Earlier this month, the Grand Chamber of the European Court of Human Rights handed down its decision in Gäfgen v Germany. The case raised the classic ‘ticking time bomb’ scenario that features in moral philosophy seminars the world over, forcing the Court to confront the question: is torture is ever justified? Although the Court’s rhetoric emphasised the absolute nature of the prohibition on torture and inhuman or degrading treatment, that was not borne out in the result, with the majority finding that the admission of evidence obtained as a direct result of inhuman and degrading treatment did not compromise the fairness of the applicant’s trial.

The tragic facts of the case are as follows. The applicant lured a 12 year old boy to his Frankfurt apartment and suffocated him, disposing of the body beside a lake and issuing a ransom demand to the boy’s parents. Gäfgen collected the ransom, and was arrested attempting to flee from Frankfurt airport later that afternoon. He told police that the boy was alive and being held by two other (fictional) kidnappers in a hut by a lake, but repeatedly refused to disclose the location.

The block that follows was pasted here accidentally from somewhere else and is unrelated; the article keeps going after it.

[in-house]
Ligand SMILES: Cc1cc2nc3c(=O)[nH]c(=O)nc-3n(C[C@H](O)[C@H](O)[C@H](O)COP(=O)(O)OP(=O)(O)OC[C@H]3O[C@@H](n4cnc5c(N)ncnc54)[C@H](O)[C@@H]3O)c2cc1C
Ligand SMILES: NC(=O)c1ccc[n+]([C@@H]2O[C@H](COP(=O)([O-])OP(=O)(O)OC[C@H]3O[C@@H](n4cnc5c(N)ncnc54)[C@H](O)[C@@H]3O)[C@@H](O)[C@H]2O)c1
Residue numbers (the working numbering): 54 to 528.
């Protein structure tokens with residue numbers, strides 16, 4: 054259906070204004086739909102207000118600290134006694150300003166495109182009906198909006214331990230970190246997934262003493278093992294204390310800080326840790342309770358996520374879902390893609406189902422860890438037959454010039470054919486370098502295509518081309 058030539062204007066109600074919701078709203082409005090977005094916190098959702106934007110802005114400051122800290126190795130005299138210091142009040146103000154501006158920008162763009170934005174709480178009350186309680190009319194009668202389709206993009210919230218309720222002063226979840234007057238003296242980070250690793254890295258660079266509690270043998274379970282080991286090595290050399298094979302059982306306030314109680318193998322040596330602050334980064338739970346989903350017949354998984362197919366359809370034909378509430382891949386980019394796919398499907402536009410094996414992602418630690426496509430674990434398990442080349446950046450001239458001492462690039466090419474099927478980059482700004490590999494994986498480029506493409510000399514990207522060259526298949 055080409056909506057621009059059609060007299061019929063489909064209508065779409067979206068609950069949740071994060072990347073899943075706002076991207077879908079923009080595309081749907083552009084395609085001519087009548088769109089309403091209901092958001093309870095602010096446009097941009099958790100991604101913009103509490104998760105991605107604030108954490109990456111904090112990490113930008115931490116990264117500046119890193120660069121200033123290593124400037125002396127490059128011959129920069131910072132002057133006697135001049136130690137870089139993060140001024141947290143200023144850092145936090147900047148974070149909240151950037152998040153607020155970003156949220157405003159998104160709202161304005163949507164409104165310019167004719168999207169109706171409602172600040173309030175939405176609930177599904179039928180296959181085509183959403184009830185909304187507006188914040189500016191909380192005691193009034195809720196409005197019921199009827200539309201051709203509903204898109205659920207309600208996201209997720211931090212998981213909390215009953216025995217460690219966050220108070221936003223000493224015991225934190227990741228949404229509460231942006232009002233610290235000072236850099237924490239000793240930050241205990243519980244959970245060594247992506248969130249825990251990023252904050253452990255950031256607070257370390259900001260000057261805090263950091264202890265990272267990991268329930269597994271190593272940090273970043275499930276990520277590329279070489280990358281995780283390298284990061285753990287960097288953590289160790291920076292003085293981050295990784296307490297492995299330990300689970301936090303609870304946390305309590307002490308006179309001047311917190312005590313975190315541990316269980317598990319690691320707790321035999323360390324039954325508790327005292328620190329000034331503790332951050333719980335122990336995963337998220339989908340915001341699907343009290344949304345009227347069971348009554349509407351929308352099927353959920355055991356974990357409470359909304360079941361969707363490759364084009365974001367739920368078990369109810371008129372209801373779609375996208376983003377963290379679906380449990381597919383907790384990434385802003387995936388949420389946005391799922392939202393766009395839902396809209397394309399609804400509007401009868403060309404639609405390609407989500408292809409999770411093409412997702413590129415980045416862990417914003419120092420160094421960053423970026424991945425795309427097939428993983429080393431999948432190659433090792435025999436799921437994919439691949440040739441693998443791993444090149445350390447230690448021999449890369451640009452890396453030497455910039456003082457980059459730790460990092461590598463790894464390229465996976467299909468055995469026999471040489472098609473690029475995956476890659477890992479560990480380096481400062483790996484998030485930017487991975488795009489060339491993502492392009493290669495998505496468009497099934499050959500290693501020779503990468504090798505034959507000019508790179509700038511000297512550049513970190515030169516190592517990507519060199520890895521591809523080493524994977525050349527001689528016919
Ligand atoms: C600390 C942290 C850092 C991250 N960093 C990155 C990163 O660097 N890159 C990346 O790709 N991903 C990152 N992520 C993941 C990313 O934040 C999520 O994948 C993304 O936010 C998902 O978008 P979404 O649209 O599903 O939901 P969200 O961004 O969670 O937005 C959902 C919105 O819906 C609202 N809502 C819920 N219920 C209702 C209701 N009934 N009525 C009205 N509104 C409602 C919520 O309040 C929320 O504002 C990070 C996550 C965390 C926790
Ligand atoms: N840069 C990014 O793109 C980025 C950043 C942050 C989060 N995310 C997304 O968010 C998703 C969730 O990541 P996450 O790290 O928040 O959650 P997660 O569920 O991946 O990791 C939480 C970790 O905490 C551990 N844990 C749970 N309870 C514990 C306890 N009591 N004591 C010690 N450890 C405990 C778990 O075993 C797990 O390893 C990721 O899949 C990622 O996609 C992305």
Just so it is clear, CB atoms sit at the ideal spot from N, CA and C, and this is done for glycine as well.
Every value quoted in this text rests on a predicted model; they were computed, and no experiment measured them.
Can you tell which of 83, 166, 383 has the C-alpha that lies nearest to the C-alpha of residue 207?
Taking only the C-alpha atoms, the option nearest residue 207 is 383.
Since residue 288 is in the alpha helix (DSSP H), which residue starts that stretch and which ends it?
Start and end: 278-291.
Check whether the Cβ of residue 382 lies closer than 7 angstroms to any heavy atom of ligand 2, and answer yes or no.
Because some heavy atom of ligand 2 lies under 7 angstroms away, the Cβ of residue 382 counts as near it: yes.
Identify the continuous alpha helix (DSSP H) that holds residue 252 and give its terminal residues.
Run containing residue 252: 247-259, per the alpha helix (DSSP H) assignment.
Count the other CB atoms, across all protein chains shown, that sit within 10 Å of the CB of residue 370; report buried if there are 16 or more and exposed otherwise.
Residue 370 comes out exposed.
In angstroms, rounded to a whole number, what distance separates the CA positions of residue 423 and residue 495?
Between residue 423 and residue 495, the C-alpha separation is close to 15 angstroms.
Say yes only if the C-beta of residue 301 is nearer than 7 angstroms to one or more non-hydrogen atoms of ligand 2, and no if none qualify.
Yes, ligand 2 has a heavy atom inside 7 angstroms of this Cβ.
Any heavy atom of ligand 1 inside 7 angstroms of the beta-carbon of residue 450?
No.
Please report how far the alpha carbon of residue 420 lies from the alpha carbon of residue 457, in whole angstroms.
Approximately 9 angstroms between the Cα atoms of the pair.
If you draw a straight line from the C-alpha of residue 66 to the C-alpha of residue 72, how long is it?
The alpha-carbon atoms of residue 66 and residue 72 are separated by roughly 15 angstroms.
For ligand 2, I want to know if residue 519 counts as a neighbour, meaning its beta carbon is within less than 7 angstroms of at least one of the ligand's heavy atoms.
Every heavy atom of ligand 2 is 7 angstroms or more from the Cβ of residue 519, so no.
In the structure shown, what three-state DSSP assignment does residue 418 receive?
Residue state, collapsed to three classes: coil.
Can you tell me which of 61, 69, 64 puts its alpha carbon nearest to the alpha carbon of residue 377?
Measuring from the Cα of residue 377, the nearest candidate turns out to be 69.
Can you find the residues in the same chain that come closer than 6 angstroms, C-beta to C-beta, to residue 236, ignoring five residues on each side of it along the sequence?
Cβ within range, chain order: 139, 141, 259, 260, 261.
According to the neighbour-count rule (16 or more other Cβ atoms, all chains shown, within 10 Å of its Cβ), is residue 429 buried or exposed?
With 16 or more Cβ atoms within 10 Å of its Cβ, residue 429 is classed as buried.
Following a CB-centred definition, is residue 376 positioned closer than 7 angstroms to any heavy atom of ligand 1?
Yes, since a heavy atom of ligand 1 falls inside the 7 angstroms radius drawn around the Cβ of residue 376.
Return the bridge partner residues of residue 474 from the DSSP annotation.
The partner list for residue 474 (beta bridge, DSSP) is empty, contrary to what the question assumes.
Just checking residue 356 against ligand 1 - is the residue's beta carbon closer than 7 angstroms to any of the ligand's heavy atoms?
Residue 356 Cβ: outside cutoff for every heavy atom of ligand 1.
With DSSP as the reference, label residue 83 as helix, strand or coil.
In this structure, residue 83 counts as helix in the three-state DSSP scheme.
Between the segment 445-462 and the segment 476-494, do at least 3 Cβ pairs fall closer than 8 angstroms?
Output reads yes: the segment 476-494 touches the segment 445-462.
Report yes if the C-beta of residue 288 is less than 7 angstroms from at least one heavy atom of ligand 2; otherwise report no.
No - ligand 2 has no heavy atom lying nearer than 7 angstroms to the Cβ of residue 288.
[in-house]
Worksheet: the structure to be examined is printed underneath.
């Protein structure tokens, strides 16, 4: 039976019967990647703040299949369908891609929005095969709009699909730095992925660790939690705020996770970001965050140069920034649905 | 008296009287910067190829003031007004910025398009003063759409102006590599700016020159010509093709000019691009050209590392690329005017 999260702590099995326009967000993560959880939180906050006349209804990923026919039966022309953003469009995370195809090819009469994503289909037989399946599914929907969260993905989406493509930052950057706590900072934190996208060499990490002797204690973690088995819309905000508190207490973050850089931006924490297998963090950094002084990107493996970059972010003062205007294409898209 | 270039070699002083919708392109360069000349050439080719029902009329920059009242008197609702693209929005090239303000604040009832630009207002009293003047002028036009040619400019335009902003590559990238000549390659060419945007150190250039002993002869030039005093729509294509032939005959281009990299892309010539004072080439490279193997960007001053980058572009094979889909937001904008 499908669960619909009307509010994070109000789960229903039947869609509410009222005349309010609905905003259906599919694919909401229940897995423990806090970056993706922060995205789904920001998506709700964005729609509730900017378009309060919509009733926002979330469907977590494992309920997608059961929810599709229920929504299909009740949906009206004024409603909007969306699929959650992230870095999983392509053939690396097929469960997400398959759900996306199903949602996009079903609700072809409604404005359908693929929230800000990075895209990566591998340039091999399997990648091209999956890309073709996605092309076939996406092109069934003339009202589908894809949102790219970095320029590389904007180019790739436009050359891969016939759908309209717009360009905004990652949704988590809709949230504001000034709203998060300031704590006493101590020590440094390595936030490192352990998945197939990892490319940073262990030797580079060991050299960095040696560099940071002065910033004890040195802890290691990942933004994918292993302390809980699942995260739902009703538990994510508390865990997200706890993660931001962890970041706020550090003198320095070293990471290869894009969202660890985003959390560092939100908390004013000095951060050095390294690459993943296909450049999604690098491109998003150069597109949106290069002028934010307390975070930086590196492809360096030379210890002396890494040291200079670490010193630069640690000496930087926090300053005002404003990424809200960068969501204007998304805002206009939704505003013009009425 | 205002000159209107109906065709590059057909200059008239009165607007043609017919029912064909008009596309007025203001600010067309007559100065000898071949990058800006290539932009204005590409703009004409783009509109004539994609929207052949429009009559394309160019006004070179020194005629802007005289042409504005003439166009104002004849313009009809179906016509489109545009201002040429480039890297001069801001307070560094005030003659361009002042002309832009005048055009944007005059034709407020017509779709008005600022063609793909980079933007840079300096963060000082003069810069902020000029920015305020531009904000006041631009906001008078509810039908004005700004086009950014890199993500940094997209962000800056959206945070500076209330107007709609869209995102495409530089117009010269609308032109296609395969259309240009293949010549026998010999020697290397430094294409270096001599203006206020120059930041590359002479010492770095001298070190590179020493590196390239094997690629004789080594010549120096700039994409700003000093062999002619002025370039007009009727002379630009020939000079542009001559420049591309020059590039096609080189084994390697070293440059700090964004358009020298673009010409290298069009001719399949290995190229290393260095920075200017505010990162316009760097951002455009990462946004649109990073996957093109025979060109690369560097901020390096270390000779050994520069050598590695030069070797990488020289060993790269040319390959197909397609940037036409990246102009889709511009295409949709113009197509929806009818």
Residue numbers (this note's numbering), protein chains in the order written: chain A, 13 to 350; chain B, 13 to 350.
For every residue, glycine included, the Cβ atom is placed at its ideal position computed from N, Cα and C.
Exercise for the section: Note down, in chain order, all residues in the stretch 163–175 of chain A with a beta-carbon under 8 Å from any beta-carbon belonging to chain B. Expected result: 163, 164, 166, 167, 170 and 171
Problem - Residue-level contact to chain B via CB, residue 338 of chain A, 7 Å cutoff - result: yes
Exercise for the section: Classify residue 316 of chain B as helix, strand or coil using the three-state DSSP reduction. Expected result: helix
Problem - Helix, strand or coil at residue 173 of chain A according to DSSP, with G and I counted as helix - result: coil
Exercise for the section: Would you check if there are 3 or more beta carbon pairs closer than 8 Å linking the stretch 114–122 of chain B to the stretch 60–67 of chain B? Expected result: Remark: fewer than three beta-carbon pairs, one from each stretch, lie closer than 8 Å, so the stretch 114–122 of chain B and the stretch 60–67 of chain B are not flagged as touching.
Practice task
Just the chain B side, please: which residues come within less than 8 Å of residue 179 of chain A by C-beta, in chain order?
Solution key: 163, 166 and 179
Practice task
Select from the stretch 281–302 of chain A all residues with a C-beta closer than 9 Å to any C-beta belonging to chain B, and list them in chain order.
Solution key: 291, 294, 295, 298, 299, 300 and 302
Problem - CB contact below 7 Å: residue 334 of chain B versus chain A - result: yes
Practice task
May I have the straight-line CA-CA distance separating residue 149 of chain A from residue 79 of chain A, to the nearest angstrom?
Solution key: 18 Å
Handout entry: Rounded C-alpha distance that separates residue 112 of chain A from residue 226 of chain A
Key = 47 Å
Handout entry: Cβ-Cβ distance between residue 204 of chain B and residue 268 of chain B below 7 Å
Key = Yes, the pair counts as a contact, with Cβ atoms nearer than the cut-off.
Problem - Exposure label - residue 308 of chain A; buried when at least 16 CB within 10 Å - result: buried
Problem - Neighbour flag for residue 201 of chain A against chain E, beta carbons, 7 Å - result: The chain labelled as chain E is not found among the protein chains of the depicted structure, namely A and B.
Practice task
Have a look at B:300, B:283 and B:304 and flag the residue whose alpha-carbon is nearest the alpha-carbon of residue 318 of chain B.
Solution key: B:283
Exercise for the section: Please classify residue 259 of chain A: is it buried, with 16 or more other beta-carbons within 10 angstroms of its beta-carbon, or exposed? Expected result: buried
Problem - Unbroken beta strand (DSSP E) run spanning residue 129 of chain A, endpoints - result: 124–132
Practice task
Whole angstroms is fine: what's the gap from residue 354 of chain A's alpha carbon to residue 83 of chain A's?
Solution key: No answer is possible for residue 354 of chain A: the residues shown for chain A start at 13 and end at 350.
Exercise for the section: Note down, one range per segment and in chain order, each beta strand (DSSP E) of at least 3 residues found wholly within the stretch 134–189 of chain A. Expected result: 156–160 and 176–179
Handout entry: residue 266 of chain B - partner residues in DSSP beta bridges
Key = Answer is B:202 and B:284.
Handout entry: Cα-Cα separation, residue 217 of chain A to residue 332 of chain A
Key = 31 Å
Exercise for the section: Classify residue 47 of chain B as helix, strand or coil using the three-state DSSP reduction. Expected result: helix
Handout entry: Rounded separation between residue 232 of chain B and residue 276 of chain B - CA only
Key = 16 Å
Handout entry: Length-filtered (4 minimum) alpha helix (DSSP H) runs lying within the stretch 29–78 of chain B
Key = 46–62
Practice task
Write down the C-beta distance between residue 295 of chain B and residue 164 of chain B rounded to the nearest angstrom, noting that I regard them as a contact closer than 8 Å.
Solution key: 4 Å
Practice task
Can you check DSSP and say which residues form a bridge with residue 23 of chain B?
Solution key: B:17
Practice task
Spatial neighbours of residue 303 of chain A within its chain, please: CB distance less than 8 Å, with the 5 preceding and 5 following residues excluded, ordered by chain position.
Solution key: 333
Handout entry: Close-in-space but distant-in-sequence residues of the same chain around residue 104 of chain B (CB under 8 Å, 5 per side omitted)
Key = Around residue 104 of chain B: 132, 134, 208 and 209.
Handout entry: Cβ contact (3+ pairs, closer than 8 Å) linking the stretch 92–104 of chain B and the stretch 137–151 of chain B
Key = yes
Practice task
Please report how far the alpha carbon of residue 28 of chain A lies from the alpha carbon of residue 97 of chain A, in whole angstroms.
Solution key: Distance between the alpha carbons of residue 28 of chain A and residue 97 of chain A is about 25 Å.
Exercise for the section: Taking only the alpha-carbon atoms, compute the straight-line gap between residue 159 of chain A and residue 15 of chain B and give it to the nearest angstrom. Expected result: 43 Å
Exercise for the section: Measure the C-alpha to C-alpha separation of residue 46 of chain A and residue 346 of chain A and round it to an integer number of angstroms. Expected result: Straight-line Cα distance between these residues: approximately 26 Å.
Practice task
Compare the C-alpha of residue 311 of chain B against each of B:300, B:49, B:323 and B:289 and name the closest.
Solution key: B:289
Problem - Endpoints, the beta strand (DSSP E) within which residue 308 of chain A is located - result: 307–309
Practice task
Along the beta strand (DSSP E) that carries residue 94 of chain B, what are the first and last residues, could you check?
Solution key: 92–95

Believing the boy’s life to be in grave danger, and in the face of the applicant’s continued resistance to police questioning, the next morning the Deputy Chief of the Frankfurt police authorised Officer E to threaten Gäfgen with considerable pain, and to inflict that pain if necessary. The infliction of pain on the applicant was to occur under medical supervision by a specially trained police officer who was en route to Frankfurt in a helicopter at the time. The authorisation was fully documented in the police file, and was taken in defiance of explicit orders to the contrary by superiors. Gäfgen also alleged that he was pushed in the chest several times, shaken so that his head hit the wall, and that he was threatened with sexual abuse. The Grand Chamber did not find these additional facts to be established beyond a reasonable doubt, although they did accept that threats to inflict considerable pain on the applicant had been made and that officer E had the intention to carry them out. A mere ten minutes after the threat, Gäfgen made a full confession and admitted the boy was dead.  He agreed to take police to the lake where he had hidden the  body (on the condition that officer E was not present). He reiterated his confession on several subsequent occasions. Read the rest of this entry…